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Last Updated on April 25, 2018

How to Be a Maverick and Develop a Maverick Mindset

How to Be a Maverick and Develop a Maverick Mindset

Are you an innovator? Do you have revolutionary and radical ways of thinking? Do you have zero tolerance for ignorant people? If you answered yes to these three questions then you are most likely a Maverick.

Mavericks are essential to top performing organizations. They think differently, act differently, and often times piss people off. Think of some of the most successful people in the world, they are typically Mavericks. Think Richard Branson, Elon Musk, and Steve Jobs. However, we will look at three people you might not have thought about when you think of Mavericks. These three completely buck the status quo and disregard traditional ways of thinking.

So, let’s take a look at what a Maverick is, how you can embrace a Maverick mindset, and why you should protect the Mavericks in your organization.

Do What You Can’t!

    “The haters, the doubters are all drinking champagne on the top deck of the Titanic and we are the f***ing Iceberg” – Casey Neistat

    If you have ever been told you can’t do something, then you must do that thing. Casey Neistat is a fascinating person with a strong message. There is no question Neistat possesses a Maverick mindset.

    “Keep your head down, follow the rules, do as you’re told, play it safe, wait your turn, ask permission, learn to compromise… This is Terrible Advice!” [1]

    Neistat suggests we should do what we can’t. A simple rule here is to pay attention to people when they tell you that you can’t do something. The rule… do that thing.

    Mavericks do not play well with others, yet this is not a bad thing. Why should we play well with others? Should you compromise with a person who seeks to hold you back, NO!

    Neistat provides the perfect analogy for Maverick thinking in a short video. Here is a brief description of the video:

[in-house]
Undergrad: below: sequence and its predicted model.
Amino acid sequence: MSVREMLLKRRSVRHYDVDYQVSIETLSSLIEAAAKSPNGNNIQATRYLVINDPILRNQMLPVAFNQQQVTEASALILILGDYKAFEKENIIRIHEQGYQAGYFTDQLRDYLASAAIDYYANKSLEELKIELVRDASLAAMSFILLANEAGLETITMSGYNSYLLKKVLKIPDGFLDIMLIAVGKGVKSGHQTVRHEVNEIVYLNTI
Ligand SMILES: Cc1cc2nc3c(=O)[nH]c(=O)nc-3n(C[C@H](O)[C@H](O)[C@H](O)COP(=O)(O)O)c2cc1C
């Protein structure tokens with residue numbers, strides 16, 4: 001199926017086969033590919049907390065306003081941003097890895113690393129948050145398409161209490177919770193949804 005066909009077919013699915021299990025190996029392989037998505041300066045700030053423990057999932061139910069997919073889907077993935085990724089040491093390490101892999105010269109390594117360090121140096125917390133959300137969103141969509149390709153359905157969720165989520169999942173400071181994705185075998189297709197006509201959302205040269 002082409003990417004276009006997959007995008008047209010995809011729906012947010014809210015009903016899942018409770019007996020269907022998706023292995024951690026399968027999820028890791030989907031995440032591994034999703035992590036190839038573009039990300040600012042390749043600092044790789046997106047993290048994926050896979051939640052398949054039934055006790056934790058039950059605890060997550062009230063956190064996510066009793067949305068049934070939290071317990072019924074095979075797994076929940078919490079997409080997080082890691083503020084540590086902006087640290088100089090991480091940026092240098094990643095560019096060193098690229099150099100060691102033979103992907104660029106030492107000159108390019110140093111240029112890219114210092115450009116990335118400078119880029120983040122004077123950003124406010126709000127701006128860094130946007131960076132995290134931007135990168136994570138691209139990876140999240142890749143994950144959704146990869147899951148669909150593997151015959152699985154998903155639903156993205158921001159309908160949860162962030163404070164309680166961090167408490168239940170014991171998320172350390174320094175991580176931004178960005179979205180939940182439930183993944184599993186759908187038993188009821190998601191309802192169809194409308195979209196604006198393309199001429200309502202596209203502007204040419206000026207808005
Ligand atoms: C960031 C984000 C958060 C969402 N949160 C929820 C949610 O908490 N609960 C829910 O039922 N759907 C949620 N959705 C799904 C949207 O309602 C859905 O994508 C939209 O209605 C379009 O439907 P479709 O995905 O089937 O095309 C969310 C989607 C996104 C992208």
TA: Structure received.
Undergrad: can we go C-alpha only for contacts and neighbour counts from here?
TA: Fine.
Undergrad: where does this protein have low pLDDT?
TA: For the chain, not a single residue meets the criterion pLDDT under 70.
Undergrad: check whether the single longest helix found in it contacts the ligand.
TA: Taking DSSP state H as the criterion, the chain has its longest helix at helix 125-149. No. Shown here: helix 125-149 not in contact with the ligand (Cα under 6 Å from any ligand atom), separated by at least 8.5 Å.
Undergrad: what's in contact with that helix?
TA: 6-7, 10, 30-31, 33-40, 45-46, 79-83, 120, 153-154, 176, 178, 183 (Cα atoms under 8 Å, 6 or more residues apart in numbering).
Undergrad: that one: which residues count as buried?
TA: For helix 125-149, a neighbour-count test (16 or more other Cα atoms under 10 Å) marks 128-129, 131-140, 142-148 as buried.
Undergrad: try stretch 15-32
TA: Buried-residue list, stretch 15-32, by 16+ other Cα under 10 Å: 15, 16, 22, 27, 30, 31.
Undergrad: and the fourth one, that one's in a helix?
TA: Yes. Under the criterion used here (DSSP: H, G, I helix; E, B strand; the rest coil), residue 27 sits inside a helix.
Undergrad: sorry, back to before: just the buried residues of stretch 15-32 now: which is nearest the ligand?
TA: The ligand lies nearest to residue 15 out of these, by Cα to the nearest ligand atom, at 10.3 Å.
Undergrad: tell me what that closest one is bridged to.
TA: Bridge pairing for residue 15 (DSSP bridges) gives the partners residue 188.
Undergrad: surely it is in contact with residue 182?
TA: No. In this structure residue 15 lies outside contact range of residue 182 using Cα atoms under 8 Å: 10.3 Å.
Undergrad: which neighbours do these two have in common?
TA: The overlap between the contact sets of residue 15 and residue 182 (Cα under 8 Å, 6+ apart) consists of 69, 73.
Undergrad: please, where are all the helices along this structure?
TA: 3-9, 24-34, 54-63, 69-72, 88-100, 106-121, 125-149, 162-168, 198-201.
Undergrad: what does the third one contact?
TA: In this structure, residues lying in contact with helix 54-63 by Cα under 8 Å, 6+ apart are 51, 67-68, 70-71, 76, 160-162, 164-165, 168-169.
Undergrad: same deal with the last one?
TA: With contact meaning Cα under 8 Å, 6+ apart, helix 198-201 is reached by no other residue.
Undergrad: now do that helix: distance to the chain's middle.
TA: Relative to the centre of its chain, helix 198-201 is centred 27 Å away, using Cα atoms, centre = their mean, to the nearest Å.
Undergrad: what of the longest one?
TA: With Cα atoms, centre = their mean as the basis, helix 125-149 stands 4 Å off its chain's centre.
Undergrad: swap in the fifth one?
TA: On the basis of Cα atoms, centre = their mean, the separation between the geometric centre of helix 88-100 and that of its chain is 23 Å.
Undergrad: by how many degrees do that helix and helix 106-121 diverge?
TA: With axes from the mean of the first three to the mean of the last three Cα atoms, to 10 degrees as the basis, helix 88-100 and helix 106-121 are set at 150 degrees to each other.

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    • Life is like going the wrong way on a moving sidewalk.
    • Walk and you stay put.
    • Stand still and you go backwards.
    • To get ahead… you have to hustle!

    Got Beat? Good!

      “You want to improve your mental toughness? Try this: Be Tougher.” – Jocko Willink

      Former Navy Seal and author of Extreme Ownership: How U.S. Navy Seals Lead and Win is the perfect example of a Maverick. John Eagan nicely sums up an interview between Jocko and Echo Charles during a Q&A in 2015. [2]

      Echo Charles: “How do you deal with setbacks, failures, delays, defeats, or other disasters?”
      Jocko: “Good.”

      What a perfect response! Let’s take a deeper look at what Jocko meant by his simple response—Good.

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      Oh, the mission got cancelled? Good. We can focus on the other one.
      Didn’t get promoted? Good. More time to get better.
      Didn’t get funded? Good. We own more of the company.
      Didn’t get the job you wanted? Good. You can get more experience and build a better resume.
      Got injured? Good. Needed a break from training.
      Got tapped out? Good. It’s better to tap out in training, then tap out on the street.
      Got beat? Good. You learned.
      Unexpected problems? Good. We have the opportunity to figure out a solution.

      “When things are going bad, there’s going to be some good that is going to come from it.”

      Protect Your Mavericks